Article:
Supplements are a hot topic in the IBS community. We want relief and will do almost anything to get it. I already address probiotics for IBS in this article, so I wanted to address the next requested supplement: digestive enzymes.
Digestive enzymes are proteins that regulate chemical reactions in the body that are involved in digestion. They break food down so that nutrients can be absorbed by the body and utilized. Digestive enzymes are present throughout the GI tract, from the mouth to the small intestine, and each enzyme is specialized to break down either fats, carbs, or proteins. Below are the more common digestive enzymes:
amylase — breaks down complex sugars into simple sugars
lipase — breaks down fats into fatty acids and glycerol
pepsin — breaks down proteins into smaller peptides
lactase — breaks down milk sugar
trypsin — breaks down protein into amino acids
Even though the body creates and secretes digestive enzymes, there’s an idea that supplemental digestive enzymes could be helpful for those with digestive disorders, like IBS. Much like probiotics, many enzymes are sold with the claims that they can alleviate digestive issues like constipation and diarrhea, and that they can help the body absorb nutrients more effectively. Sounds great, right?
What does the research say?
Much like probiotics, there is very limited research to support the effectiveness of digestive enzymes for IBS. There is also very poor regulation of the industry, so not all enzymes will be created equal or do what they say they’re going to do. However, that doesn’t mean that they aren’t effective at all. There is limited research to suggest they can be helpful.
If you’re new to IBS and are still working to find your trigger foods, it would be best to wait and choose a digestive enzyme after because the type you choose will depend on what triggers your symptoms the most. There is no harm to taking most digestive enzymes, but you wouldn’t want to waste your money on something that’s not giving you a return.
What are my options?
Similar to probiotics, it’s not wise to just grab a random digestive enzyme supplement from the shelf and start taking it. You want to choose a brand that has been shown to have some positive effect for IBS symptoms and contains the specific digestive enzymes you need for foods that trigger your symptoms. You want to take your enzymes at the beginning of meals so that they can be released in time to start breaking down the food you are eating. For dosage and specific instructions, always refer to the label on the supplement. And, as always, talk with your GI doc or dietitian before starting a supplement. Here are a few brands that have shown a level of effectiveness for IBS.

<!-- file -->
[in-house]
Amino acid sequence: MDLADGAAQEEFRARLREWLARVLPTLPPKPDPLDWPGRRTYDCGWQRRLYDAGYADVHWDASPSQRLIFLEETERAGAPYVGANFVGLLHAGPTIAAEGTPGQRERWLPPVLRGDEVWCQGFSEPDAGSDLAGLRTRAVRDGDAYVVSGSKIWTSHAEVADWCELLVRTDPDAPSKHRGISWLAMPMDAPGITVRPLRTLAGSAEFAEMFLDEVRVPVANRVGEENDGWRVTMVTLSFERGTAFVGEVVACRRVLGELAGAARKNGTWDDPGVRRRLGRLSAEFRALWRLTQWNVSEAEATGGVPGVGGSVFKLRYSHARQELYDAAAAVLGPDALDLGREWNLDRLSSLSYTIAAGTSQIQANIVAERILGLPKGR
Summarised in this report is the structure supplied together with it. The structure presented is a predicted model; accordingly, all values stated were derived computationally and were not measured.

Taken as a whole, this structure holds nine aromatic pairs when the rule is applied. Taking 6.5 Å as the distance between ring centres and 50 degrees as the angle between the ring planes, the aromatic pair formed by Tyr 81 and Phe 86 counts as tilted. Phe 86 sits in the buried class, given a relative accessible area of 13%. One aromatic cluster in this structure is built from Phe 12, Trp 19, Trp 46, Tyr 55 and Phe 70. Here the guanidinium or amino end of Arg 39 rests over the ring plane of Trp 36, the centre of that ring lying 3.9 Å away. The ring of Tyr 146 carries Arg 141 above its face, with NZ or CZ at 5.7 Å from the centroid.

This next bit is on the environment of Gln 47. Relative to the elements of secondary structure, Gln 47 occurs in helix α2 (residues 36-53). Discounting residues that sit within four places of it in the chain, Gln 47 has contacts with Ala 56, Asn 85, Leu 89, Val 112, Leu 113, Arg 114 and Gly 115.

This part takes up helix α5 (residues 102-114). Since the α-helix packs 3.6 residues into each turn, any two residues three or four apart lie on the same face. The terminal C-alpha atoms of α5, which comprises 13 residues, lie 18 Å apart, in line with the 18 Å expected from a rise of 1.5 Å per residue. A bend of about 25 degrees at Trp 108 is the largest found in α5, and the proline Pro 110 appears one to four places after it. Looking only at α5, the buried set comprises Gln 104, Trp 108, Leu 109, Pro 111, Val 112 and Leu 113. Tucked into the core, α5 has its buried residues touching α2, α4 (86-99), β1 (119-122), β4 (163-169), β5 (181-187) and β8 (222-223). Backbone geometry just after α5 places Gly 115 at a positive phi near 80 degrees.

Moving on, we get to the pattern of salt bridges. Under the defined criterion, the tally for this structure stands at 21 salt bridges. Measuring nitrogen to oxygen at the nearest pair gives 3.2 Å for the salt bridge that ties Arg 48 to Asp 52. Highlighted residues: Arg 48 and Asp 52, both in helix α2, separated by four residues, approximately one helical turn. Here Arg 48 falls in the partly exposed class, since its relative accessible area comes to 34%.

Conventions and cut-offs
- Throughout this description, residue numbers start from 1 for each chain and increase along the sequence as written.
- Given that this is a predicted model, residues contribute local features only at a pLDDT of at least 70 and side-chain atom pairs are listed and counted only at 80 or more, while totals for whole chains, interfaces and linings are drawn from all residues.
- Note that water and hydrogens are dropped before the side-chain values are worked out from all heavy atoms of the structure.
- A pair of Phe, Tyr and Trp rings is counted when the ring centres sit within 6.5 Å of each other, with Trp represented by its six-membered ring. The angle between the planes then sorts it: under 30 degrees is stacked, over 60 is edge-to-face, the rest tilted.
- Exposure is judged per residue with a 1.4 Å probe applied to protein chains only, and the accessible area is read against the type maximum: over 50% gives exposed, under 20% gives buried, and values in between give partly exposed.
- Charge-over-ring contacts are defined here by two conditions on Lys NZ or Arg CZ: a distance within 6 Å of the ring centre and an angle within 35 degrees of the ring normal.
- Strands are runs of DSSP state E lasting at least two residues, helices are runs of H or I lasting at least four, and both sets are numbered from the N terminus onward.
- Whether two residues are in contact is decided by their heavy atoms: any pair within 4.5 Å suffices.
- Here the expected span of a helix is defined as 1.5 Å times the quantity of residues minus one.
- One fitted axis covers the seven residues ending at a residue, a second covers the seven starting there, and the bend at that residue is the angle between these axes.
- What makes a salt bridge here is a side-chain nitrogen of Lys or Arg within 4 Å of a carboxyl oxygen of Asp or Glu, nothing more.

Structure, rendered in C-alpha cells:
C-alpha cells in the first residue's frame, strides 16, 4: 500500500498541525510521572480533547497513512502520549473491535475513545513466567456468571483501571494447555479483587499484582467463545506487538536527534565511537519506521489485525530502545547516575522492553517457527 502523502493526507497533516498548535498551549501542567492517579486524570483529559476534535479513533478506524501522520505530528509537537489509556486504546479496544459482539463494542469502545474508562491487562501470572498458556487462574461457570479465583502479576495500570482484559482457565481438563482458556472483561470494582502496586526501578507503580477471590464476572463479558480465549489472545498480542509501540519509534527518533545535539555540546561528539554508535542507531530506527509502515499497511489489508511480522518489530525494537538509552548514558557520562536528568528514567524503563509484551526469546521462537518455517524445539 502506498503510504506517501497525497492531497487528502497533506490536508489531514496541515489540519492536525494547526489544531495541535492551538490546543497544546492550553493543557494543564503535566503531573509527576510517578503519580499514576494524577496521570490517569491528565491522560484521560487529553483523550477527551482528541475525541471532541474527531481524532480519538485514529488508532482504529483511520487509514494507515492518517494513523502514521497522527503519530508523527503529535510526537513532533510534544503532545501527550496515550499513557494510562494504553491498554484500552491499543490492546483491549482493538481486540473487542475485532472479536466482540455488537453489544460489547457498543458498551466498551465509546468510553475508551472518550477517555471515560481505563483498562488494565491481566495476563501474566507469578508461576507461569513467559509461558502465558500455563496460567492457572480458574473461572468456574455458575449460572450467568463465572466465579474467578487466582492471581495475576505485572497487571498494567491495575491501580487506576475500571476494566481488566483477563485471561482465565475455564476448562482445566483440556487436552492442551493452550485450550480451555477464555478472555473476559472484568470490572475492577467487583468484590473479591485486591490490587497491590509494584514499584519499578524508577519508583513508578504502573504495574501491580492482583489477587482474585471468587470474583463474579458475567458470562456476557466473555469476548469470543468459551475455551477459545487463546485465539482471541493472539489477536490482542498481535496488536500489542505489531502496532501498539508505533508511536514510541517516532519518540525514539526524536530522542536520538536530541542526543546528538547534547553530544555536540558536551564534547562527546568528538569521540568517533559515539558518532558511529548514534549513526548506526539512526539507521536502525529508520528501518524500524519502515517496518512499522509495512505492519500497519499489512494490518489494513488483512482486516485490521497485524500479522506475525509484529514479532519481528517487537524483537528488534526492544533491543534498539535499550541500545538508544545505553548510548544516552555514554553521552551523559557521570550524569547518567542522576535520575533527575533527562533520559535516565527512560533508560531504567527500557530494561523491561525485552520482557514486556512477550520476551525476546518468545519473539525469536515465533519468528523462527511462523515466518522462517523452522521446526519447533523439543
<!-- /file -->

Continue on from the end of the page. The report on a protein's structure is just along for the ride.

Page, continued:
Viokase is made up of lipase, protease, and amylase, so it works like a general enzyme supplement. It is used mostly for those with pancreatic enzyme insufficiency (the body isn’t secreting the enzymes it needs), but may be able to improve digestion for those with IBS. Again, research is lacking, but there is a small amount evidence to suggest this will help with digestion.
Biointol contains a mixture of enzymes, including protease, amylase, amyloglucosidase, lipase, cellulase, lactase, and pectinase, as well as the soluble fibers inositol and beta-glucan. A study showed that Biointol improved bloating, flatulence and abdominal pain, and slightly increased urgency for bowel movements in some IBS patients. However, there wasn’t much of an effect for other IBS symptoms.
Lactase is a common digestive enzyme supplement due to the prevalence of lactose intolerance. Lactase is very specific to milk sugars, so it can be used before eating a higher lactose meal, like a bowl of ice cream or macaroni & cheese. Lactaid is a common over the counter option if lactose is a trigger for you. Make sure to follow the instructions on the label for dose and timing.
Alpha-galactodiase is the enzyme used to break down oligosaccharides, which are found in wheat, garlic onion, beans, and other pulses . These are common trigger foods for those with IBS, found in the subgroups fructan and GOS. This enzyme may also help with other cruciferous vegetables, including broccoli and cabbage. A study showed a significant reduction in bloating, abdominal distention, and gas when taken with a meal high in these hard-to-digest carbohydrates. A common brand for this type of enzyme is Beano.
As always, when considering supplements for your IBS management, it’s best to work with your GI doc or dietitian. Once you’ve completed the low FODMAP diet and have identified your trigger foods, you may be able to incorporate one of these enzymes, depending on your needs. I wouldn’t recommend that you completely rely on them, but they could be helpful when you’re going out to eat, traveling, or enjoying a favorite food that triggers symptoms.